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timmmay: I just have a general preference toward being able to see properly. Ever taken a shower in total darkness? It works fine but it feels weird.

Of course, but I just can't imagine a shower getting so steamy that you'd compare it to darkness?  It's not like it's a full on sauna!

timmmay: Why can't you improve ventilation? How about a ceiling or wall mounted extractor fan, with the air being dumped outside?

Clearly those would be the two options we considered and dismissed as impractical due to the design of the ensuite.  There are options, but compared to the $250 for a showerdome, I would classify them as not really practical.

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  Reply # 487819 30-Jun-2011 13:08
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timmmay:
I wonder if moist air retaining water or condensation causes more problems, with regards to dampness and also making paint flake.


Moist/water laden/humid air at least means it's possible to extract the water from the room by carrying away the air holding it.  Once it's on the walls as water then no amount of air movement will grab it (well basically...). 

So point is you stand a better chance of removing the water whilst it is suspended in the air, than you do when it's condensed onto the walls. 

So, keeping the room warm is probably a good step right up until when you've finished having a shower/adding to the problem.  Ideally you'd want to supply air into the room from the rest of your house as it might be warmer than the outside air.  Once you've got rid of most of the 'wet air' then you could open the outside window and flush the room fully with what will probably be colder air.

But yeah, a triangle.  Heat, Insulation and Ventilation.  You can have have any 2 you want, just not the other one!  A stick hut has great ventilation.  A sealed polystyrene box has great insulation. It's all a balancing act and every situation needs to address what's best for it, not what the sales man is trying to push, and yeah, new homes are so air tight that we're creating this mould problem ourselves to be 'energy efficient'....

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  Reply # 487824 30-Jun-2011 13:17
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I turn a heater on before I have a shower, because I figure warm air carries more moisture outside, so I pretty much do what Jaxson is suggesting already. Having the heat pump come on before I get up helps too.




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  Reply # 488691 2-Jul-2011 21:44
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I agree with the shower dome. They're amazing. Our bathroom walls would cry (you could see the water running down the walls) after 2 morning showers.

Also agree with the fix the problem not the symptoms.




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  Reply # 488797 3-Jul-2011 13:50
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Arghhh...  We have an old DVS here (installed in 2001 apparently, way before we bought the house). We thought adding a tempervent would be a good measure, after all it heats up the ari being pushed to about 15c, which is a lot more than the air temperature outside during winter, so we can leave the DVS running without getting too cold.

Their agent came up saying they can't retrofit to specific model we have, so it would be about $2,500 to install a new model, a second vent and the two tempervents we want.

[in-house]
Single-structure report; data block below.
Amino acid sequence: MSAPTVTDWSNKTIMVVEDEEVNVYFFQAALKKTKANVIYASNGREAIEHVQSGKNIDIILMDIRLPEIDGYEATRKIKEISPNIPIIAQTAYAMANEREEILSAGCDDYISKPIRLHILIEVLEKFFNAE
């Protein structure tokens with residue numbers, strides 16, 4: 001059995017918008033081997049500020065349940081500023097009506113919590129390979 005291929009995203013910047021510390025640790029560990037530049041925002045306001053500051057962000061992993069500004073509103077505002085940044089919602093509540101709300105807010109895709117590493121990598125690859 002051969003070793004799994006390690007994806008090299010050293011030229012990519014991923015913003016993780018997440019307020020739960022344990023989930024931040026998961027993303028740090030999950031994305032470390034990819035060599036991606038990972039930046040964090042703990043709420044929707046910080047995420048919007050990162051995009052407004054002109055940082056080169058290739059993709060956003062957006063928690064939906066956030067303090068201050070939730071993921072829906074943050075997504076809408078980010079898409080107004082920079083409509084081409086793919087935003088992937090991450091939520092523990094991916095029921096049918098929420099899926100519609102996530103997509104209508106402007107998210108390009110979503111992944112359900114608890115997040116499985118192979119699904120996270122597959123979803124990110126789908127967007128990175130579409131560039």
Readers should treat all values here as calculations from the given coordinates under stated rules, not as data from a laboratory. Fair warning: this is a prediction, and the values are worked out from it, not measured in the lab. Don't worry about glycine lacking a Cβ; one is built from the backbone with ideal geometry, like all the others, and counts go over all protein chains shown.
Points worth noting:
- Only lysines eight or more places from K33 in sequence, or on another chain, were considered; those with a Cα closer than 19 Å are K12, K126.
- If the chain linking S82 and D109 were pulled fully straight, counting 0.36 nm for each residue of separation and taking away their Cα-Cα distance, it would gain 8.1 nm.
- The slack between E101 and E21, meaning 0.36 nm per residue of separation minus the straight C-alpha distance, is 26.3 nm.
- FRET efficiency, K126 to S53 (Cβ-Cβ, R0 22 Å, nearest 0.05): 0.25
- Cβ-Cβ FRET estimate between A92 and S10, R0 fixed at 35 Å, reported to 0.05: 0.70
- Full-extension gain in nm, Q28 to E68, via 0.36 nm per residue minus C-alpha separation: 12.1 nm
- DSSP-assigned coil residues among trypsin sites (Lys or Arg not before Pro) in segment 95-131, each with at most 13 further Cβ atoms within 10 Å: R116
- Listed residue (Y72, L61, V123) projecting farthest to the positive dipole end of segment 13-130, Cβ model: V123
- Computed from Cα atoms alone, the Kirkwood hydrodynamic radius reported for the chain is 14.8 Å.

We decided to use $1,000 to improve our current ceiling insulation and put the difference into a heat pump. 

Their loss...



 




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  Reply # 489315 4-Jul-2011 19:07
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IlDuce: I have one of the Evantair 20L ones, I bought in 2008, and it has had extensive work and always performed well. I believe it uses about 350 Watts. I can feel warm air coming out the output side - so as well as dehumidifying it also adds to the heating.

It extracts a lot of water even at less than optimal temperatures. Whereas my mothers 10 litre, non warehouse one is completely useless.

The downside to my one is it is really noisy. Like several orders of magnitude noisier than a fan heater.

I have an Evantair too, looks like its rated at 16L/day but also 350W so probably the same compressor and reasonably effective. Seems to be quiet enough except the fan causes a really annoying rattle and I never found the source when I opened it up. Has an outlet for a hose if I ever want to hook up to a drain, but yeah, anything with a compressor is expensive. I think the tiny dehumidifiers are more for a cupboard or sealed room.




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  Reply # 489317 4-Jul-2011 19:10
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timmmay:
bazzer:
jaymz: What are your plans for it? Drying out the whole house, or only certain rooms? We use ours to dry clothes (seperate room)

I think you'd be better off using a dryer, I'm sure that's more efficient.


I thought about that earlier, I wonder if it's true. A drier blows warm dry air through the clothes, then if it's set up correctly that warm damp air gets sent outside, throwing away the heat you paid for. With a dehumidifier the heat stays in the room and the water gets put into a container. It's possible that a dehumidifier could be more efficient.

A heat pump clothes drier with a heat recovery unit/heat exchanger built into the output to prewarm incoming air could be very very efficient.

Unfortunately the condenser is the part that both cools the air and extracts the moisture, so probably better to just point the dehumidifier at the drier's air intake, and run the drier on low heat.




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  Reply # 489331 4-Jul-2011 20:07
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Just an update for my previous post, I checked the running costs over a couple of days and noted the following:

Running the dehumidifier normally = 3cents per hour (via Cent-a-meter)
Dehumidfier in defrost cycle = 4-5cents per hour (again via Cent-a-meter)

It really doesn't seem to use much power at al which is good, we use it with the dial set about halfway which means it turns on and off again during the day rather than running the whole time.